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Dan Wiener Assessment Coordinator for Special Populations Massachusetts Department of Education PowerPoint Presentation
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Dan Wiener Assessment Coordinator for Special Populations Massachusetts Department of Education

Dan Wiener Assessment Coordinator for Special Populations Massachusetts Department of Education

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Dan Wiener Assessment Coordinator for Special Populations Massachusetts Department of Education

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  1. How Massachusetts Uses Large-Scale Assessment Results to Influence Instructional Practices for Students with Disabilities Dan Wiener Assessment Coordinator for Special Populations Massachusetts Department of Education

  2. Fully-inclusive Assessment: What it means Three partners agree to cooperate… • Special education: • All students assessed on academic achievement • Schools/districts held accountable for these students • Curriculum & Instruction: • Standards adapted for a range of complexity • Ramps, not hurdles • Assessment: • Expanded flexibility • Accommodations, Alternate Assessments • Test formats, Technology, Bias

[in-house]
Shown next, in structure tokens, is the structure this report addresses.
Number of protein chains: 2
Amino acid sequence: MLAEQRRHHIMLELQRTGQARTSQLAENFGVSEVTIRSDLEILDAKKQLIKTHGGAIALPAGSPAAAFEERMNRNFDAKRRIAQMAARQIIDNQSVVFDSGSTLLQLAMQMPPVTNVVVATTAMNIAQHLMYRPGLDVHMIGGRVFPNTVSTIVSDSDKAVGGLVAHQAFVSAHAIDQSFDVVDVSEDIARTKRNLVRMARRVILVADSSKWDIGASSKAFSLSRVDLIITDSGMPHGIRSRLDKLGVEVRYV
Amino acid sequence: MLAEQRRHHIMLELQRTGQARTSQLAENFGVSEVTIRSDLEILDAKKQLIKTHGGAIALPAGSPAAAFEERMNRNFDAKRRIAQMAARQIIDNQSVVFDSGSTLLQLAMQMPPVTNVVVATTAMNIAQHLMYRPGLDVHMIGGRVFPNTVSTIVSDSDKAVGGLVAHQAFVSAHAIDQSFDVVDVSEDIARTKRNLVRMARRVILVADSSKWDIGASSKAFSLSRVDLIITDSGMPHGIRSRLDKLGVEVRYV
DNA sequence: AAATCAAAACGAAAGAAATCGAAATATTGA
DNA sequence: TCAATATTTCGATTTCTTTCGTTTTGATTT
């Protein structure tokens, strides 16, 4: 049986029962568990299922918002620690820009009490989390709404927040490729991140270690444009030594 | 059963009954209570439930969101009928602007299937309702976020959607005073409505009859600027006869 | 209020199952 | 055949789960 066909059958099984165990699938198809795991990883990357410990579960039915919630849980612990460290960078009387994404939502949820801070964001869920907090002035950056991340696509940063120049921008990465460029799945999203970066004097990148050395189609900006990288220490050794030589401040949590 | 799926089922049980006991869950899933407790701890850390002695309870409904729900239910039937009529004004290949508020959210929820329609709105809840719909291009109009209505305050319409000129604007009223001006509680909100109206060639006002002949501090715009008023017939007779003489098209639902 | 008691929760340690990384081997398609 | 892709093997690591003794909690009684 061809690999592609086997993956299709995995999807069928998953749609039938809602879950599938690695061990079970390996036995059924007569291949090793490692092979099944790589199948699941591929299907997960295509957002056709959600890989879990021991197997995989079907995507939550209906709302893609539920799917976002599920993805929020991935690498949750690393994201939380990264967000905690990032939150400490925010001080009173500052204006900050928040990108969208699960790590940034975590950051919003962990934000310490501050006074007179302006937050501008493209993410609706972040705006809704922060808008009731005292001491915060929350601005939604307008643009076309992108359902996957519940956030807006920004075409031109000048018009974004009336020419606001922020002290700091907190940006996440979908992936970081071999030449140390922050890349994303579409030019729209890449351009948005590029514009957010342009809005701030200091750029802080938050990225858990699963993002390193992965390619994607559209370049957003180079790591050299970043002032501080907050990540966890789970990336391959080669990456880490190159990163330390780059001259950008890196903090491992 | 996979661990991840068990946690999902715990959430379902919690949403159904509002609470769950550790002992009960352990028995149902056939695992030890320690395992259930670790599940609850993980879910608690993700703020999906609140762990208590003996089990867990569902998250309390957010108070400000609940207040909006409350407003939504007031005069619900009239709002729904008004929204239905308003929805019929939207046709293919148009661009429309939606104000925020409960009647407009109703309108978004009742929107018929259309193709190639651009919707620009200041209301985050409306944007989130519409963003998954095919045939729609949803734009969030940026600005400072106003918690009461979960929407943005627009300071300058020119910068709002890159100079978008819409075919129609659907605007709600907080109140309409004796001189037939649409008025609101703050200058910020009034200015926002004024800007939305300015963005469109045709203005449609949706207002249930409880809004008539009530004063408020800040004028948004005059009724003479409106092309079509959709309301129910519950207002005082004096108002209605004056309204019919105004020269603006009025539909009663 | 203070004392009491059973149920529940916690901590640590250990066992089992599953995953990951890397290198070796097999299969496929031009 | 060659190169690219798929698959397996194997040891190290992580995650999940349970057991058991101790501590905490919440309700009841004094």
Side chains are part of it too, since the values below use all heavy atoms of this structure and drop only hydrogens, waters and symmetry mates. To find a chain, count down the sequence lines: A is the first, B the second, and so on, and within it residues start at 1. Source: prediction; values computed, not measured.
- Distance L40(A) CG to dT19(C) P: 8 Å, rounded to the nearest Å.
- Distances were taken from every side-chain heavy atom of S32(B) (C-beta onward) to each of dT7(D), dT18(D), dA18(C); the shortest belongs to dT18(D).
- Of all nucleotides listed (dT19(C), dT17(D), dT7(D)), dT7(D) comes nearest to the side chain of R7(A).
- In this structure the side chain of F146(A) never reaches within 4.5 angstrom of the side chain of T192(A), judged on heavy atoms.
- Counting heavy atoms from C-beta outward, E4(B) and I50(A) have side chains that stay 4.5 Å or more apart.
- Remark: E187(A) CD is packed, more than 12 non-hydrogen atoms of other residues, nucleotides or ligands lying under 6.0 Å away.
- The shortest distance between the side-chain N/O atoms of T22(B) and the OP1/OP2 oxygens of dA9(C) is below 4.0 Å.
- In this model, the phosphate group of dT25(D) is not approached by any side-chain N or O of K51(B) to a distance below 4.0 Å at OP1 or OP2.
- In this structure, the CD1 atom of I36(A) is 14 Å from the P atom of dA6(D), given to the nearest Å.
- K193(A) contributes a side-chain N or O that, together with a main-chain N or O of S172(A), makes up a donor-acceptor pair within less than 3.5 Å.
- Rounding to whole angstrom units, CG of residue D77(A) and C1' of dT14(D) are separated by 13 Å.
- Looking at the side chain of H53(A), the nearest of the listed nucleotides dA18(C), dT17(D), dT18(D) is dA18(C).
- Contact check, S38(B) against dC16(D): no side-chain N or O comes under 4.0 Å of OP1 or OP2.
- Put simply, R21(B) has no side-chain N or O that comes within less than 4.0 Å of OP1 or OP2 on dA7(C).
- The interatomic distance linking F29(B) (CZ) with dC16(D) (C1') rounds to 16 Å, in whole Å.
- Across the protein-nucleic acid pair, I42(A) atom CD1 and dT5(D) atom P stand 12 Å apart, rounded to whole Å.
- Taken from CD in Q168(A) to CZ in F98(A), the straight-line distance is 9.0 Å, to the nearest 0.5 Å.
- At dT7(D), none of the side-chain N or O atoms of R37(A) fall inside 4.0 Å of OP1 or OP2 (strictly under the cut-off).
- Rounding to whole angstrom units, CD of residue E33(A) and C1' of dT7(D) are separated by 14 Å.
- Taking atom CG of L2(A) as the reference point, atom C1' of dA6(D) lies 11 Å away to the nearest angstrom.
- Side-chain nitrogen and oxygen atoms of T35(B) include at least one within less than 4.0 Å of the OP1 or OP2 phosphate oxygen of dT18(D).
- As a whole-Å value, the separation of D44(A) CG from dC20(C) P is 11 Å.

3. Explaining it to the Public… • Understanding the probable benefits of: • Inclusive assessments and accountability • Access to academic instruction • Graduation requirement • Buy-in: stakeholders at the table • Changing the culture of: • Self-esteem • Social, behavioral, and life skills • Low expectations …To a focus on academic goals and expectations

  4. Questions from Parents (guaranteed verbatim) • “Couldn’t you just design an assessment my child can pass?” • “Can I help her take the test?” • “You‘re setting him up to fail! Why punish my child?” And more… • “He can’t learn math and science!” • “She doesn’t need academics, she needs life skills!” • “She’ll never meet the graduation requirement, so why bother assessing her?” THE DILEMMA: • Special Education: What is the purpose? • Education Reform: A better education, but must earn diploma